Due to scalability problems, the micro-blogging platform Twitter has struggled mightily to stay up and running the last few months.  As a result of the problems, a lot of folks are threatening to abandon Twitter for the social aggregator service FriendFeed.

I personally won’t be abandoning Twitter for Friendfeed.  Here’s why:

(1) There is too much noise on FriendFeed.

I’m currently following around 160 people on Twitter.  Some of these people I know well in real life.  Some casually.  Some not at all.  I’m able to follow and learn from this large group of  people because all I see is what they type in their Twitter status bar periodically.  Sure, some people tell you what they had for breakfast.  But most people exert some level of editorial discipline on themselves, and only write when something at least semi-interesting happens.

They don’t tweet about every meal they have, just the really, really good ones.  They don’t share every item they come across on the web, just the interesting ones.  The result is a usually compelling stream of anecdotes that is updated throughout the day.

FriendFeed has no such editorial discipline.  In addition to receiving those few choice anecdotes each day about the people you follow, you also learn what they are listening too on Last.fm, what is in their Netflix queue and what they dugg on Digg, among other things.  I might be interested in knowing that stuff about my 10-20 closest friends, but certainly not about all 160 people I follow on Twitter.  It is just too much.

(2) I have no desire to recreate my Twitter network on FriendFeed.

I’ve been on Twitter for close to a year and a half now.  I’ve amassed a modest network of followers and, more importantly, have developed a good list of people I follow.  This happened organically over time and I have no desire to start over on FriendFeed.   I’m not Robert Scoble – I can’t just say I’m going over to FriendFeed and have everyone move with me.  I’m in the same boat as Patrick Ruffini, a fellow poli-tech blogger who wrote:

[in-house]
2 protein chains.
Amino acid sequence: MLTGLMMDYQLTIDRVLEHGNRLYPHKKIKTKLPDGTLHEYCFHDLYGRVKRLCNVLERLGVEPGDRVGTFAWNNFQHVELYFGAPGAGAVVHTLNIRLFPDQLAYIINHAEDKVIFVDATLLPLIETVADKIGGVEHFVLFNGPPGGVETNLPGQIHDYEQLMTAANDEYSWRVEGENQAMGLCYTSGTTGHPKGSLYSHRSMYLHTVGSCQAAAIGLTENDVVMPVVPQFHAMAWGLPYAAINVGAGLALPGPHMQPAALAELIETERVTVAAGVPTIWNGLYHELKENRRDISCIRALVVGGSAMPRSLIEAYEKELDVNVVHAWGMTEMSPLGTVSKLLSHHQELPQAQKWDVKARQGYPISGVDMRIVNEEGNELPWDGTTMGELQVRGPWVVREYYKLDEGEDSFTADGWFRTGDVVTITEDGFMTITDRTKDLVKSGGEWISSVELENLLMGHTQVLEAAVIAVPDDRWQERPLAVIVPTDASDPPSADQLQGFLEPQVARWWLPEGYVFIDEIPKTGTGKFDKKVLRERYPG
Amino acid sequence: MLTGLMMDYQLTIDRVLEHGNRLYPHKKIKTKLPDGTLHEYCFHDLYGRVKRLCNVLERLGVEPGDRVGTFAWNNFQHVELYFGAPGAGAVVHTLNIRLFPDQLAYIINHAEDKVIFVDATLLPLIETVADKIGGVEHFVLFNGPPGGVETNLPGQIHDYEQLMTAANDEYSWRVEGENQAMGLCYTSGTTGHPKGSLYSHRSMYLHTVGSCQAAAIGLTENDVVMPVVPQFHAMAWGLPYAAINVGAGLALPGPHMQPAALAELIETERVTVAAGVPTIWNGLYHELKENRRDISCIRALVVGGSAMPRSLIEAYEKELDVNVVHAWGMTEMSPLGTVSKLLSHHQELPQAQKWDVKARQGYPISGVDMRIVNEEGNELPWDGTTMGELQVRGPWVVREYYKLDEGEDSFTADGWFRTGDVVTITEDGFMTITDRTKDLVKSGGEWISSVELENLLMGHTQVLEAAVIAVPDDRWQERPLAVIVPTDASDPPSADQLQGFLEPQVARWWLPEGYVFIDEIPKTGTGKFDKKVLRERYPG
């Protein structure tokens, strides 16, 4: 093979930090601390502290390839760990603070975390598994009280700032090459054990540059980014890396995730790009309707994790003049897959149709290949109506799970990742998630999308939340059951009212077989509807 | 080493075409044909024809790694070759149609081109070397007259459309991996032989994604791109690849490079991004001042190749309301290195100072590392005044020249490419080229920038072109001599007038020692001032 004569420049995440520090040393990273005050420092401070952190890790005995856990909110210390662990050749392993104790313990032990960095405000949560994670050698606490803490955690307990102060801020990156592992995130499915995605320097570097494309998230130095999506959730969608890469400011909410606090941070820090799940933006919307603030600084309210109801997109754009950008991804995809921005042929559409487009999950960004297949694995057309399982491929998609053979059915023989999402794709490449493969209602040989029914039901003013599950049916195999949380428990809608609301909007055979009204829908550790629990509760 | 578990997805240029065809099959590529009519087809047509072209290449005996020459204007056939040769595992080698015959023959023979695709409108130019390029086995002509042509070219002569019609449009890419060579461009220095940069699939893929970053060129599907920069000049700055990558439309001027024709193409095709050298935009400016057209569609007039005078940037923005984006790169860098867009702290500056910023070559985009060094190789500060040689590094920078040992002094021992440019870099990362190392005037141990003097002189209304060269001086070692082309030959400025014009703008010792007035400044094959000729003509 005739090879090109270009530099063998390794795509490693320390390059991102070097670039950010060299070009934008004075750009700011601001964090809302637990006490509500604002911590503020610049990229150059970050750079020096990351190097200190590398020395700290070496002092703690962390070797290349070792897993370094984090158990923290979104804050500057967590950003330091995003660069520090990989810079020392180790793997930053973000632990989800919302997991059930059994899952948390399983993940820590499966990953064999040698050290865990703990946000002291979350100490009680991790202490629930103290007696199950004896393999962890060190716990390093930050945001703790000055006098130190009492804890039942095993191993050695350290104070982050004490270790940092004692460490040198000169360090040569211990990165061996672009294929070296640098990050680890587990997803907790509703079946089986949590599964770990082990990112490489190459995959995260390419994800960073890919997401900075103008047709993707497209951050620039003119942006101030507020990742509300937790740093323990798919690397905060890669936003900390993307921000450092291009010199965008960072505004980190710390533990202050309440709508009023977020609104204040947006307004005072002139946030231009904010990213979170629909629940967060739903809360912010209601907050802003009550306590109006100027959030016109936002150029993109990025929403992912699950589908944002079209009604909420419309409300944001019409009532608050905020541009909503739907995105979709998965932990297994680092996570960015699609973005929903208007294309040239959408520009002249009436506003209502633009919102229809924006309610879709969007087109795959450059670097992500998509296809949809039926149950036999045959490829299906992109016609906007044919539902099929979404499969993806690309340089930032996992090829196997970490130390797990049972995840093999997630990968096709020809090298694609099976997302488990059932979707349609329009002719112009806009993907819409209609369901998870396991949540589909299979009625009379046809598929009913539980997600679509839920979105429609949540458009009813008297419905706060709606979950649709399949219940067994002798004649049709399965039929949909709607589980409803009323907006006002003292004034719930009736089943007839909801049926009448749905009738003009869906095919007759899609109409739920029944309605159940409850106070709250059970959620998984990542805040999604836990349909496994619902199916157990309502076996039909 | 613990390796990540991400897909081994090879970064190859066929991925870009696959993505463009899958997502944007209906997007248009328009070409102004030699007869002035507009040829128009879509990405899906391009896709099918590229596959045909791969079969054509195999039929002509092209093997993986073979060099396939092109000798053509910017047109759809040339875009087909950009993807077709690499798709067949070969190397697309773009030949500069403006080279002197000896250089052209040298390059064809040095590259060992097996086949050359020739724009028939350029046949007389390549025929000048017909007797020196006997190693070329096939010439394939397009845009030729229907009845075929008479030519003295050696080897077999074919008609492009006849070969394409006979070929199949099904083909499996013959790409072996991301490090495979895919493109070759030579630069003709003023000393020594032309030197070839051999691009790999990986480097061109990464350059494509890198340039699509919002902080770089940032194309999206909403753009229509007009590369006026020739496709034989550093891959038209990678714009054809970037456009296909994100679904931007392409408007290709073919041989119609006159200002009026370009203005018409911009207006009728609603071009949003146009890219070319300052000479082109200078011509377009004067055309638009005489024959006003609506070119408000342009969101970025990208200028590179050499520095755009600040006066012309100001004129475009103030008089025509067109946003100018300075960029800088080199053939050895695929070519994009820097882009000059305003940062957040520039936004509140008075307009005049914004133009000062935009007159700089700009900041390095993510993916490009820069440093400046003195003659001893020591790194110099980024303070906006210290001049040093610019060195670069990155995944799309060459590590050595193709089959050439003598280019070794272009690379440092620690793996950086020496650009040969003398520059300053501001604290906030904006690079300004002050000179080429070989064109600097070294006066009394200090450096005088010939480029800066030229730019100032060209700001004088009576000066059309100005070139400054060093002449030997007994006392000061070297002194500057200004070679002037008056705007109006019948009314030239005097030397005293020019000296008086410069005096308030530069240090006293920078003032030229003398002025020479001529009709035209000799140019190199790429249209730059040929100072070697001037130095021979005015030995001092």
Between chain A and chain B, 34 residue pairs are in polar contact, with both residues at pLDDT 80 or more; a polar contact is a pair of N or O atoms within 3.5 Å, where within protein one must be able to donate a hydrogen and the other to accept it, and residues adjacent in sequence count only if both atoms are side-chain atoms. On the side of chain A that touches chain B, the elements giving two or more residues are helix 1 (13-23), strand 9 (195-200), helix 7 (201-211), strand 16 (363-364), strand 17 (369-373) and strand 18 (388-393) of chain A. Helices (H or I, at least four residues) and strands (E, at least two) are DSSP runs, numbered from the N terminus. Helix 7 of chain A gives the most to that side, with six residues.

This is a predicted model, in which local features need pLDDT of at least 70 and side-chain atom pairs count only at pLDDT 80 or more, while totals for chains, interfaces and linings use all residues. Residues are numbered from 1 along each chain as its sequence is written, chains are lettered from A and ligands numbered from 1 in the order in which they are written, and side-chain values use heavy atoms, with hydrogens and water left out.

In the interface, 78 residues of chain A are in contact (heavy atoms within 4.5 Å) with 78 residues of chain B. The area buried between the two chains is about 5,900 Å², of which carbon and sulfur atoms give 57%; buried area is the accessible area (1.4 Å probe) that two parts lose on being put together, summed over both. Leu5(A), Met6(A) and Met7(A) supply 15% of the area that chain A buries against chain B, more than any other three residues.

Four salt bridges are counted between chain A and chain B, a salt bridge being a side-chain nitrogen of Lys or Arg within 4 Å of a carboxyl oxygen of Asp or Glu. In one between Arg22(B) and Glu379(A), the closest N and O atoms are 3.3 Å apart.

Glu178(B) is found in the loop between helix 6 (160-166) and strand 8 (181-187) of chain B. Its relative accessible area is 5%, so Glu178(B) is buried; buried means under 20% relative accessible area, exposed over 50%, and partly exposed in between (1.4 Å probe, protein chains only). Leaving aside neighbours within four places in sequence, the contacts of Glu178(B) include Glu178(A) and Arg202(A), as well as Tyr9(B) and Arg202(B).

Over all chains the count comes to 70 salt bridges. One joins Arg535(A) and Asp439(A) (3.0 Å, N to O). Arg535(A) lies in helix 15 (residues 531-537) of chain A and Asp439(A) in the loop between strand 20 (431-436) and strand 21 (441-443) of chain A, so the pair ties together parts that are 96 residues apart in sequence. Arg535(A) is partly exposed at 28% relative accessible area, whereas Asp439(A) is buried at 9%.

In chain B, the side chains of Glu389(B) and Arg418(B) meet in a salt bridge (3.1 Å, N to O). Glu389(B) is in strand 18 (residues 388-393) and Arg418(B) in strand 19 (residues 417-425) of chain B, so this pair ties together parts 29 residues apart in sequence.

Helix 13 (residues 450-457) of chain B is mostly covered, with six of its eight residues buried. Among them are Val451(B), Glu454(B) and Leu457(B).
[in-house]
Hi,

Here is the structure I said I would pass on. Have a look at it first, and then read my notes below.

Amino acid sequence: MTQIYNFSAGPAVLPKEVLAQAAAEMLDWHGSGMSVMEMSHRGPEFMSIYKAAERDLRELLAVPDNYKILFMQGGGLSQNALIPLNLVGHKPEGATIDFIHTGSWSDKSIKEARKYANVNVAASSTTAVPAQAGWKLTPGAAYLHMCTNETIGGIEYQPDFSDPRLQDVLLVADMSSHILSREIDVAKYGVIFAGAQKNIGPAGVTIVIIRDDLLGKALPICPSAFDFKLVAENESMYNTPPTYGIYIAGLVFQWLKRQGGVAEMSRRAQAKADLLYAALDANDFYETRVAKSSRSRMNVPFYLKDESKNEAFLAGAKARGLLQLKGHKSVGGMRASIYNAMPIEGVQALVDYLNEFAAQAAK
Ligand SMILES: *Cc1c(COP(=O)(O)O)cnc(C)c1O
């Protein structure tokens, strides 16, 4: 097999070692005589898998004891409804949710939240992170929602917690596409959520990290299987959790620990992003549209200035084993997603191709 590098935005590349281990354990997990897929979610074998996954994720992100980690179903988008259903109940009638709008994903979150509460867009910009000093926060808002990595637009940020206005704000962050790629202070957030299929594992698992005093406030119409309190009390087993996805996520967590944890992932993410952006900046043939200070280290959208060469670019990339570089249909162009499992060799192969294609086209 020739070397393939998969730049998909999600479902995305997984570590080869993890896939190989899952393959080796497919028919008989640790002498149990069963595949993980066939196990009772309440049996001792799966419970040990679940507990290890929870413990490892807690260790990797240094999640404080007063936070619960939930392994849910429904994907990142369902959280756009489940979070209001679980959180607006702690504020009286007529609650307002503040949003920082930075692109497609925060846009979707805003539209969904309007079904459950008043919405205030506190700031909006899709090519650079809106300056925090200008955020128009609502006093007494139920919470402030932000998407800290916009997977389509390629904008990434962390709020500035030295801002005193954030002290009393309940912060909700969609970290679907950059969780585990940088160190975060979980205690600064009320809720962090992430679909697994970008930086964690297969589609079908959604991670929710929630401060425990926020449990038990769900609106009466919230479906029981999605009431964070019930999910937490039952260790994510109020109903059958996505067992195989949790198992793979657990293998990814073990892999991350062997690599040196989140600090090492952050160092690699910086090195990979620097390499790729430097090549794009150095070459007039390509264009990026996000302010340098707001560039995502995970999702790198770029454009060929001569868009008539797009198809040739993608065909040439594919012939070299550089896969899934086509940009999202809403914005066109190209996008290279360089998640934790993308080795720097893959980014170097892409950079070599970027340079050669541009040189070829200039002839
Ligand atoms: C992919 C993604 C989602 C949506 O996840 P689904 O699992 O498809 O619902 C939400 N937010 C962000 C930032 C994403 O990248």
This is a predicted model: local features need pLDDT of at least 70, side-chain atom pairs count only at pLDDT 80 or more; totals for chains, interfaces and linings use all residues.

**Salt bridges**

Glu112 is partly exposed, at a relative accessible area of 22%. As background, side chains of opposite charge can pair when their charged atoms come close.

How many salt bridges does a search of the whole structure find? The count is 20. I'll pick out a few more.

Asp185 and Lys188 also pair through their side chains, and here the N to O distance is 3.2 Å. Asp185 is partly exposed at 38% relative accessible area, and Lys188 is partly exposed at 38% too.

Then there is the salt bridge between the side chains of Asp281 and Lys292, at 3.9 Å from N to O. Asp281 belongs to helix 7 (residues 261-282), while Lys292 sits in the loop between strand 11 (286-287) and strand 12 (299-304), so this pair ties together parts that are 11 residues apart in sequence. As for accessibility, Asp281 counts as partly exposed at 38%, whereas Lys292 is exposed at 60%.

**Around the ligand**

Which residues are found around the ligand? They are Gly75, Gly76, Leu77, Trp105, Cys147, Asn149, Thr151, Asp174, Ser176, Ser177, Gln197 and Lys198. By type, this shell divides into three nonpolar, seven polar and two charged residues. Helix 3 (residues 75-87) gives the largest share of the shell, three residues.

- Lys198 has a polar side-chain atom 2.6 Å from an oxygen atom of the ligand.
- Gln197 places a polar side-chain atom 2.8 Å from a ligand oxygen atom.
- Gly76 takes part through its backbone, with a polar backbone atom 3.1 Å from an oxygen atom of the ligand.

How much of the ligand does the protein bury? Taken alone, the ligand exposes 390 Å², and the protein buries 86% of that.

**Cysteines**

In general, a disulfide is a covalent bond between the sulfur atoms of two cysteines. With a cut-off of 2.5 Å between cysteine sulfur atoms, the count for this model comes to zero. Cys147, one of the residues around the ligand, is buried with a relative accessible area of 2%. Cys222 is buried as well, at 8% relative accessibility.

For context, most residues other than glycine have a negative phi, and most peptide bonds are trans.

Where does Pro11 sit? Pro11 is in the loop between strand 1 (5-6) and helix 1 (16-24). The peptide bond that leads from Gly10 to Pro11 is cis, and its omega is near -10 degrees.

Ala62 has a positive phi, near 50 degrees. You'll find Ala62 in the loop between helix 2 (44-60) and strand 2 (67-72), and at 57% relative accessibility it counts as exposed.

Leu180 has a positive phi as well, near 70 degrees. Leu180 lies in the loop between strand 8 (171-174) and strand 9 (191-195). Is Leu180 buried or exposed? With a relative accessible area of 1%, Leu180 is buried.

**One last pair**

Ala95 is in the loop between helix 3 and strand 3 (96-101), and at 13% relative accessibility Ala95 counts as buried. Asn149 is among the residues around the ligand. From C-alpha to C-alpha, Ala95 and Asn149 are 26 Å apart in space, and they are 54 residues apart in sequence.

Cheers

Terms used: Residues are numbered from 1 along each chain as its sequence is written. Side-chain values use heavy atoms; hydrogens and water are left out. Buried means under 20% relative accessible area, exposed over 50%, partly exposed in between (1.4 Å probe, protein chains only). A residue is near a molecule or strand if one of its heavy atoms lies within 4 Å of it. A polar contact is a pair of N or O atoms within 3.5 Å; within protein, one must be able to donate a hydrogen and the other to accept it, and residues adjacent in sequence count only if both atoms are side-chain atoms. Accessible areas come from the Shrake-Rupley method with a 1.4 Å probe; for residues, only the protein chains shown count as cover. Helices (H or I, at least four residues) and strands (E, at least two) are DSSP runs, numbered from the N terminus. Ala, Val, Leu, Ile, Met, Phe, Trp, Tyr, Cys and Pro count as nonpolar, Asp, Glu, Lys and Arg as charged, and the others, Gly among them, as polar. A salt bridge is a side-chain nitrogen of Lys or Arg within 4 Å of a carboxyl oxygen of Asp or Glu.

But the main reason I can’t brook switching to FriendFeed is the sunk cost of building up my Twitter network, and the fact that FriendFeed is still mostly for elite tech blogger groupies. I now have 898 followers on Twitter, and my posts still generate far more conversation on Twitter than they do on FriendFeed. That’s because most of my followers are interested in politics, and political users aren’t (yet) over on FriendFeed.

(3) For whatever reason I don’t like the FriendFeed user experience.

Tantek Celik wrote a great post a while back about how Twitter is successful due to its dead simple interface that minimizes keystrokes.  On the occasions when Twitter is working, it feels much less like a website than a utility that is part of you.  For me FriendFeed still feels very much like a website, and a slightly disorienting one at that.  It is just not the same.

About the Author
Todd Zeigler
Todd Zeigler serves as the Brick Factory’s chief strategist and oversees the operations of the firm. In his sixteen year career in digital, he has planned and implemented campaigns for clients including the Pickens Plan, International Youth Foundation, Panthera, Edison Electric Institute, and the American Chemistry Council. Todd develops ambitious online advocacy programs, manages crises, implements online marketing strategies, and develops custom applications and software. He is bad at golf though.